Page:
The new House leadership delivered on one of its prime campaign promises last month by pushing through legislation requiring the Health and Human Services (HHS) secretary to negotiate directly with pharmaceutical companies on prices for medications covered by the Medicare drug benefit. The bill (HR 4) repeals the so-called "non-interference" clause in the Medicare Modernization Act (MMA) and replaces it with a provision requiring the secretary to negotiate prices that manufacturers may charge prescription drug plans (PDPs) and Medicare Advantage drug plans (MA-PDs).
At the same time, Senate leaders signaled growing support for similar legislation. At a hearing on prescription drug price negotiation in January, Sen. Max Baucus (D-Mont.), the new chairman of the Senate Finance Committee, backed Congressional action to "strike the non-interference clause." Sen. Baucus has been a leading Democratic advocate of the Medicare drug benefit and is in a pivotal position to influence Senate action in this area. Sen. Baucus noted that most beneficiaries are "basically satisfied" with Part D, but acknowledged the need to "get better prices for seniors."
Sen. Baucus indicated interest in legislation that similarly would target government negotiating to "certain unique drugs" where the market fails to provide seniors with affordable medicines. He noted the need for more information about drug effectiveness and a better understanding of drug pricing in the Medicare market in order to develop appropriately targeted legislation. Senate leaders hope this approach will avoid a threatened filibuster by Senate Republicans of any drug price negotiating requirement, as well as a veto by President Bush, who says he will oppose any legislation that permits government interference with market competition.
The trick will be to provide enough leeway to influence drug prices to satisfy House Democrats. All sides acknowledged that the House bill provides HHS with very limited clout for negotiating prices because it prohibits establishing a central formulary or any actions that would limit access to covered Part D drugs. House leaders also dropped proposals to establish a federal "fall back" drug plan operated by HHS, largely to avoid all-out opposition from pharma companies.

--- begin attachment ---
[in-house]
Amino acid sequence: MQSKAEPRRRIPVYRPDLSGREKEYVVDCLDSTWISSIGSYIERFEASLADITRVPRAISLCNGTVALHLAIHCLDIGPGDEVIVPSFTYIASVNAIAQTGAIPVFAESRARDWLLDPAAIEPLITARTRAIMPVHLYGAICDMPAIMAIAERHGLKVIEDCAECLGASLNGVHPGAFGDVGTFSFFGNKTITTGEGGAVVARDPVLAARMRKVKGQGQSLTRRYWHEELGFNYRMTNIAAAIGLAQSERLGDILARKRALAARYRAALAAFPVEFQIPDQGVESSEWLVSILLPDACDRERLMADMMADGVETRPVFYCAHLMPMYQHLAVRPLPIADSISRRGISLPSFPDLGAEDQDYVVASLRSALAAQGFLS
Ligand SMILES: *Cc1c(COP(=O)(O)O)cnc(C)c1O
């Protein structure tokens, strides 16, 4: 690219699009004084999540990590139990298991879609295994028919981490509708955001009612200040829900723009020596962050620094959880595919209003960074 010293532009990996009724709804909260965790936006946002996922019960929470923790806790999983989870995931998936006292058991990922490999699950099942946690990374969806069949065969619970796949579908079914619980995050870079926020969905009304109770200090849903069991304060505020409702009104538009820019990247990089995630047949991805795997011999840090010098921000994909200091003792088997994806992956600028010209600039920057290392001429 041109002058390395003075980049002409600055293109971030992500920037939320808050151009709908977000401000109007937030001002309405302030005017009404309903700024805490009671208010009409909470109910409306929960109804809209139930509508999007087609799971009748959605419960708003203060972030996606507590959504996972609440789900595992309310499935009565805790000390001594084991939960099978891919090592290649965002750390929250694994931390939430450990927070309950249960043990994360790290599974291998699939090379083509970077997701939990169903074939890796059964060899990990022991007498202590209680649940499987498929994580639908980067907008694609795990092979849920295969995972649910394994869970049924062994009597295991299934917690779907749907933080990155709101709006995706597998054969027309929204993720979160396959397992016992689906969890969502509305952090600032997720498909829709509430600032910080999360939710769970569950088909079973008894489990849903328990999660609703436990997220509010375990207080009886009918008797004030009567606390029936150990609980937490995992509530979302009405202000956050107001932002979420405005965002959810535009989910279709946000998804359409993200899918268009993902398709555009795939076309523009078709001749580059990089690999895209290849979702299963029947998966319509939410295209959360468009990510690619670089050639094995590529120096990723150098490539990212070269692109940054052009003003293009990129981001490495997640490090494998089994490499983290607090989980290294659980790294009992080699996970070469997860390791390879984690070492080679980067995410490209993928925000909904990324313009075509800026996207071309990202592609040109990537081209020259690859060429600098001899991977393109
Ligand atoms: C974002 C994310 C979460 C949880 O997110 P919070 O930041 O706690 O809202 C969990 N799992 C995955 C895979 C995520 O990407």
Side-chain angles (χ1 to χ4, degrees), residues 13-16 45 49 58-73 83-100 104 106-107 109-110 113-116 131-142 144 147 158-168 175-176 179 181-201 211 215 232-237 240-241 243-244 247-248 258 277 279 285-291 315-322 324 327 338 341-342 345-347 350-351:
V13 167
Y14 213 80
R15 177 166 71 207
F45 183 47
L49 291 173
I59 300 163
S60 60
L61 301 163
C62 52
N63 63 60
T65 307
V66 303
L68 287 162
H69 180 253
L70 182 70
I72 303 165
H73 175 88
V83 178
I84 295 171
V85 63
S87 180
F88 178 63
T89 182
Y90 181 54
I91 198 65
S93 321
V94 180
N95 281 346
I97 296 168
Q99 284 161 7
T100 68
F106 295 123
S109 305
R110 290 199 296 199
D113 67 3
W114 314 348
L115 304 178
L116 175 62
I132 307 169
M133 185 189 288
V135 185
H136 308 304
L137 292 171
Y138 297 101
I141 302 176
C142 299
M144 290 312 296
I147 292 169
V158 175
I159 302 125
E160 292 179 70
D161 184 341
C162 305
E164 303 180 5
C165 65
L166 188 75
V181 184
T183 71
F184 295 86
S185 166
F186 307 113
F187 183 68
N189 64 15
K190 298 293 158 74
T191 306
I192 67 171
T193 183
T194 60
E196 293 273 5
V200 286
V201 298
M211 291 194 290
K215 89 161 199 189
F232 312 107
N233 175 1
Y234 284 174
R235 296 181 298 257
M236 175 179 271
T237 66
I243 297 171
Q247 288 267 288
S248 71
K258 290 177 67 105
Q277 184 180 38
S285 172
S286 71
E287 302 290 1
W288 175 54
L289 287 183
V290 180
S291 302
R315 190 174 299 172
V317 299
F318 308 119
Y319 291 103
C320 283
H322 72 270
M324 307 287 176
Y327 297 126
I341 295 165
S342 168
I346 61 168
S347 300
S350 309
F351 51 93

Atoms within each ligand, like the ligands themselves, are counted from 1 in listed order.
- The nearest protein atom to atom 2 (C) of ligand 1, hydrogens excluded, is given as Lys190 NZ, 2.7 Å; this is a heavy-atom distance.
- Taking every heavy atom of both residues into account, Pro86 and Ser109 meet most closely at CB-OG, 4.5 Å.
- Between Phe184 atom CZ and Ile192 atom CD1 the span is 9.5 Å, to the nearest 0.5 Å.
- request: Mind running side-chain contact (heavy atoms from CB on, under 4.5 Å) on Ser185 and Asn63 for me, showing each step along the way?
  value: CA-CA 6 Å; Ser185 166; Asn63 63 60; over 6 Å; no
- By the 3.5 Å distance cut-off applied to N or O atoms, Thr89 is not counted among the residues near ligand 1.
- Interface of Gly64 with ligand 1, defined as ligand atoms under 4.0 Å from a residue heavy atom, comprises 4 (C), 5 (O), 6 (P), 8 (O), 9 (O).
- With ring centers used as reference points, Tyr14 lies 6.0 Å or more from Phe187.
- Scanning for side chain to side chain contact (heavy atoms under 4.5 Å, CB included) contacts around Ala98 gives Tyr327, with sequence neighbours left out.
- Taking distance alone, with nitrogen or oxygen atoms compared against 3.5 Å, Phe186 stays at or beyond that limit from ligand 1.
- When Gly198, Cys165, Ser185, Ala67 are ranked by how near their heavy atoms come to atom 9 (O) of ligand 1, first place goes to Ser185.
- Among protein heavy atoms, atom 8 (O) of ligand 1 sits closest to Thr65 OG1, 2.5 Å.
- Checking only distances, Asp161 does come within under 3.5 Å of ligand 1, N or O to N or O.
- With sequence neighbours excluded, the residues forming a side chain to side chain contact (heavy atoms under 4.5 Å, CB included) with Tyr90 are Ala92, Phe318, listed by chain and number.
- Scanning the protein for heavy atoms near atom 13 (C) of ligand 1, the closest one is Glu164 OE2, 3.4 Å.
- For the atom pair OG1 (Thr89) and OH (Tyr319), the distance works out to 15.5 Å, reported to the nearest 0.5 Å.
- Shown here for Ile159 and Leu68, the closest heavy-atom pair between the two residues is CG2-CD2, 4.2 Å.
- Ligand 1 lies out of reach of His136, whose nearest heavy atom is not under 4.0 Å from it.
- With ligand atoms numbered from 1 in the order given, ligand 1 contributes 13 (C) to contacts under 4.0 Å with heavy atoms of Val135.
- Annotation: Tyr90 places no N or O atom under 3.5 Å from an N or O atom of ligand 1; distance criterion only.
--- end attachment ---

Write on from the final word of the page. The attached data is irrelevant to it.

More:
Sponsors of the legislation maintain that even without the ability to keep a high-priced drug off Medicare formularies, public awareness of price differences would pressure drug makers to lower their rates. HHS will have to report to Congress on these activities every six months as a way to make drug pricing information more visible.
But insurers and drug benefit managers maintain that without the ability to drop a product from a formulary, federal negotiating authority is meaningless. The Congressional Budget Office stated that the House bill would have a "negligible effect on federal spending" because of its limited leverage for obtaining discounts. An added concern is that any policy requiring stiff discounts for Medicare drugs will boost prices paid by other public and private health insurers.
Jill Wechsler, a veteran reporter, has been covering Capitol Hill since 1994.